Unusually for the period, Wenceslas is specifically identified by his regnal number (Tercius = the Third, apparently because the brief reign of Wenceslas III was not counted at the time), a tradition that goes back to at least the earliest Prague groschens, of Wenceslas II a century earlier.
Offhand I can't think of any other coin issues even from the 15th century, never mind the 14th, that included a ruler's regnal number. I wonder how much does the more modern tradition, where regnal numbers are the norm rather than the exception, owe to the Prague groschens; I know that many countries didn't use regnal numbers on their coins even in the 16th century.





I bought these coins from a seller who had a large assortment of Prague groschens at $3 each. These two were the best of several dozen; most of them were even more illegible. All that were legible enough to tell the ruler were from Wenceslas IV.

I apologize for the rotated photos; they were definitely the right way up when I originally uploaded them (in 2017).
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 Posted 11/27/2021  07:57 am  Show Profile   Bookmark this reply Add tdziemia to your friends list Get a Link to this Reply
That's an interesting observation on the regnal numbers.

I think the earliest I have in my collection are the later coins of Sigismund I of Poland. Starting in 1526 (20 years into his reign) an increasing number of his coins bear the title SIGISMVND PRIM, or SIGISMVND I, since his son had already been anointed as the next king.
Ironically, that son never used Sigismund II, but was known as Sigismund August.
The elder Sigismund (and his mintmasters) would have been familiar with the Prager Groschens, which probably also circulated in parts of Poland.
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 Posted 11/27/2021  09:53 am  Show Profile   Bookmark this reply Add JohnConduitt to your friends list Get a Link to this Reply

Quote:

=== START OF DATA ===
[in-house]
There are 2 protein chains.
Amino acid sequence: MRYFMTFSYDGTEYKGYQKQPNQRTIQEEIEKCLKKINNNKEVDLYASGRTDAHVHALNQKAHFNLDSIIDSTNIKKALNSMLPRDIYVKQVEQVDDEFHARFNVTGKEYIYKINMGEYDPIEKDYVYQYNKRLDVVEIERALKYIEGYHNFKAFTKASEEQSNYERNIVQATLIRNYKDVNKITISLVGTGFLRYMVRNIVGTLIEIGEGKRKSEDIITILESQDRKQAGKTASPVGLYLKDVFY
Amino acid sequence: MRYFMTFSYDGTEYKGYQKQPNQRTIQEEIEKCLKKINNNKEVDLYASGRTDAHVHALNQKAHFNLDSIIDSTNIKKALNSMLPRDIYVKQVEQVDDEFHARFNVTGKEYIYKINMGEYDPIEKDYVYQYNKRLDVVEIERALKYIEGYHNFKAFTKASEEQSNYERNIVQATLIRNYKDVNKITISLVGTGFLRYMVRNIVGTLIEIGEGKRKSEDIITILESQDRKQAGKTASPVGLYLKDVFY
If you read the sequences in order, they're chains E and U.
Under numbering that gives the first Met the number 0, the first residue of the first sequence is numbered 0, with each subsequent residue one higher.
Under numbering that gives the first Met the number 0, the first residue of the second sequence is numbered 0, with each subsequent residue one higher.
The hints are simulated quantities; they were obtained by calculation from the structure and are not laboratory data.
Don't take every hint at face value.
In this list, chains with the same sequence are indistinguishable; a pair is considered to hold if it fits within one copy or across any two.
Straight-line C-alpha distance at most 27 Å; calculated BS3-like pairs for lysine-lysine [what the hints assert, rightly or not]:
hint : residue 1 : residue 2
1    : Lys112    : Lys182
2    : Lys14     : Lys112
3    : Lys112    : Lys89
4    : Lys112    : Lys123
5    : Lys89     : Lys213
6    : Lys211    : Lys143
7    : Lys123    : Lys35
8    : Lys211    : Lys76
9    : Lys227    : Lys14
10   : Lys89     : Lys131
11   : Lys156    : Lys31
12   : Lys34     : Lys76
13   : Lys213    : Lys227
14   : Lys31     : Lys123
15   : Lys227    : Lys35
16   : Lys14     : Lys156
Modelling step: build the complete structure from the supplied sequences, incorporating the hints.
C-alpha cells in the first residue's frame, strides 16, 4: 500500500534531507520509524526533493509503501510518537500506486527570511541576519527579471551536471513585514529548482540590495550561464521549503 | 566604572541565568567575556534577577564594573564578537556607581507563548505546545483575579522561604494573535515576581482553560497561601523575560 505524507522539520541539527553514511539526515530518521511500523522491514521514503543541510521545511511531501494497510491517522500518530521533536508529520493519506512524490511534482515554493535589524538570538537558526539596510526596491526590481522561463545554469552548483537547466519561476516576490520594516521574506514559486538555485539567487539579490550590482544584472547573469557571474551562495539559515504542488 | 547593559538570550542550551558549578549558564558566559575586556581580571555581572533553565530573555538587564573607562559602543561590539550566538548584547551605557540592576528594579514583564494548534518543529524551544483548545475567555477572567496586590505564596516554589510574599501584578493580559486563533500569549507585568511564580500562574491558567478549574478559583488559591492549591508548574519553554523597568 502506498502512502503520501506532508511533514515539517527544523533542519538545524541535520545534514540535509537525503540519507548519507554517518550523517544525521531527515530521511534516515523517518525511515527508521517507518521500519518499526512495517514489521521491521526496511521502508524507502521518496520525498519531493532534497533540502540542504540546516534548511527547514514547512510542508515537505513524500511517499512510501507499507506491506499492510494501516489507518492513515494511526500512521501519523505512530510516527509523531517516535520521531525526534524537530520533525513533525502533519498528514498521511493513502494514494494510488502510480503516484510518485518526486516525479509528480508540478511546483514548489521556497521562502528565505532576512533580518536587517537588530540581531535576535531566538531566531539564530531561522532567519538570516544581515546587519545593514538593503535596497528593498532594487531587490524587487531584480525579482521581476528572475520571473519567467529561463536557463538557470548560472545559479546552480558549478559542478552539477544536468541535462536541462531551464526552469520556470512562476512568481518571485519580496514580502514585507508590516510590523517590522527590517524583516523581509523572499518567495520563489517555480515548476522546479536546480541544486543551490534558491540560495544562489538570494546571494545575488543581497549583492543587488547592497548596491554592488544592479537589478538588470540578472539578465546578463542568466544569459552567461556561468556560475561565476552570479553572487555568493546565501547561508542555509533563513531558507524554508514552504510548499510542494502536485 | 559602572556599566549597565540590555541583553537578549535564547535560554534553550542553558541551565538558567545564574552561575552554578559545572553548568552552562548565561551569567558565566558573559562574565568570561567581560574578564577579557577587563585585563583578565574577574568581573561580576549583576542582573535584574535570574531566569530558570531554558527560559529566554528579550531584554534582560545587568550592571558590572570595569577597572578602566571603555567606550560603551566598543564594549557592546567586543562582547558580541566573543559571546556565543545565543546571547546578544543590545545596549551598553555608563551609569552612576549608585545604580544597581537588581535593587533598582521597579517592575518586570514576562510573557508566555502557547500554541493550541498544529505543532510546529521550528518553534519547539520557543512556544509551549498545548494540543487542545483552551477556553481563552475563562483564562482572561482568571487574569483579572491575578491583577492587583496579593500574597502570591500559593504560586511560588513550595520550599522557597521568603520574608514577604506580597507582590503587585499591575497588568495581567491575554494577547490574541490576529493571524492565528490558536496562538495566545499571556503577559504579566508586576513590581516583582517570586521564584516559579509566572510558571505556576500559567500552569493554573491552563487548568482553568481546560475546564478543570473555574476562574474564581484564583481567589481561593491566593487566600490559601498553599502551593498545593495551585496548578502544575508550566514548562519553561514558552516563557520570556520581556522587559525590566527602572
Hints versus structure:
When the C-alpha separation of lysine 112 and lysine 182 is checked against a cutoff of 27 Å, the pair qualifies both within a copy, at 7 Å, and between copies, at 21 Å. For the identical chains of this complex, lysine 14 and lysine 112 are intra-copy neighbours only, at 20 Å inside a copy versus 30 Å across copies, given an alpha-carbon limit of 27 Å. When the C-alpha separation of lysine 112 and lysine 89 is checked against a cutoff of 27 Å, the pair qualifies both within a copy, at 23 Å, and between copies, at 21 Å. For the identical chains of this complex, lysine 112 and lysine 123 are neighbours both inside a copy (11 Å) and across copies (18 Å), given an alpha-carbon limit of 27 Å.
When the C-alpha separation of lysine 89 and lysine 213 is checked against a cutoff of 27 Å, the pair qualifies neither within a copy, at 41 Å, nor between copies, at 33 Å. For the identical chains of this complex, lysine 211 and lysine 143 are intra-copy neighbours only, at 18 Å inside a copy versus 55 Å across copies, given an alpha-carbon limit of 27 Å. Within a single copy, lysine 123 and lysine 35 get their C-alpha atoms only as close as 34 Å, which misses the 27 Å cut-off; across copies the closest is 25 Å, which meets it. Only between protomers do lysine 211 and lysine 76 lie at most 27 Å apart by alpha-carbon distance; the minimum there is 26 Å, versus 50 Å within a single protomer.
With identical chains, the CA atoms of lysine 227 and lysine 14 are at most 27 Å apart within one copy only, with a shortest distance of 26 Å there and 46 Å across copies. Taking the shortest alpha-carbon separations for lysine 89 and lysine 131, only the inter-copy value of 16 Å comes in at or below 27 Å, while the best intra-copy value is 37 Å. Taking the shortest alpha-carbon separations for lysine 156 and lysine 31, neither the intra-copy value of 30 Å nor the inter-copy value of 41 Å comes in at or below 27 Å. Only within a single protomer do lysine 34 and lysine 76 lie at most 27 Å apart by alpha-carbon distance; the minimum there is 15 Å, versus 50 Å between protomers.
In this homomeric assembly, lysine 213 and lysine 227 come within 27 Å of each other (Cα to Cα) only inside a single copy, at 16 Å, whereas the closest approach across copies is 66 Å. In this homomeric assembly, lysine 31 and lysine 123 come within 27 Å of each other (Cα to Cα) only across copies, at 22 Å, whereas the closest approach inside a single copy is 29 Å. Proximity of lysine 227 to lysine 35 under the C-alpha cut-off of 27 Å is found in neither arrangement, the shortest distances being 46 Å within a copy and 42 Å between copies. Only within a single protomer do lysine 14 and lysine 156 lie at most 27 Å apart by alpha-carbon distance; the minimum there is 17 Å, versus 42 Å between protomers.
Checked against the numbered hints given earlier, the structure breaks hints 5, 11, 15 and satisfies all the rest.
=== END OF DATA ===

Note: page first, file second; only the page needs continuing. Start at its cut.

Offhand I can't think of any other coin issues even from the 15th century, never mind the 14th, that included a ruler's regnal number.

The only example I know of in England is Henry III on his long cross coinage from 1248. These issues were also very popular in Europe because of their high silver content. Unfortunately, this useful feature (for us) was not continued by the run of Edwards who reigned immediately after Henry. But regnal numbers did appear again with Henry VIII on his 2nd coinage from 1526.
Edited by JohnConduitt
11/27/2021 2:02 pm
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 Posted 11/27/2021  12:34 pm  Show Profile   Bookmark this reply Add Spence to your friends list Get a Link to this Reply
Great discussion on regal numbers. I'll have to dig through some of my notes but might have some to add as I looked at the use of numbers in medieval coins a couple years ago. Unfortunately still not published, but maybe someday.

Here is my other dated coin for this decade. This Groschen from Aachen is dated 1405 AD. The rev inscription is +ANNO DOMINI MILLESIMO CCCC QVINTO and MON ETA VRB AQEN, so still a mix of Latin and Roman numerals. It is attributed as Levinson I-8 and is a COVID-era pick-up for me. There are a couple flan cracks, so I'm definitely not using this one as a pocket piece!



"If you climb a good tree, you get a push."
-----Ghanaian proverb

"The danger we all now face is distinguishing between what is authentic and what is performed."
-----King Adz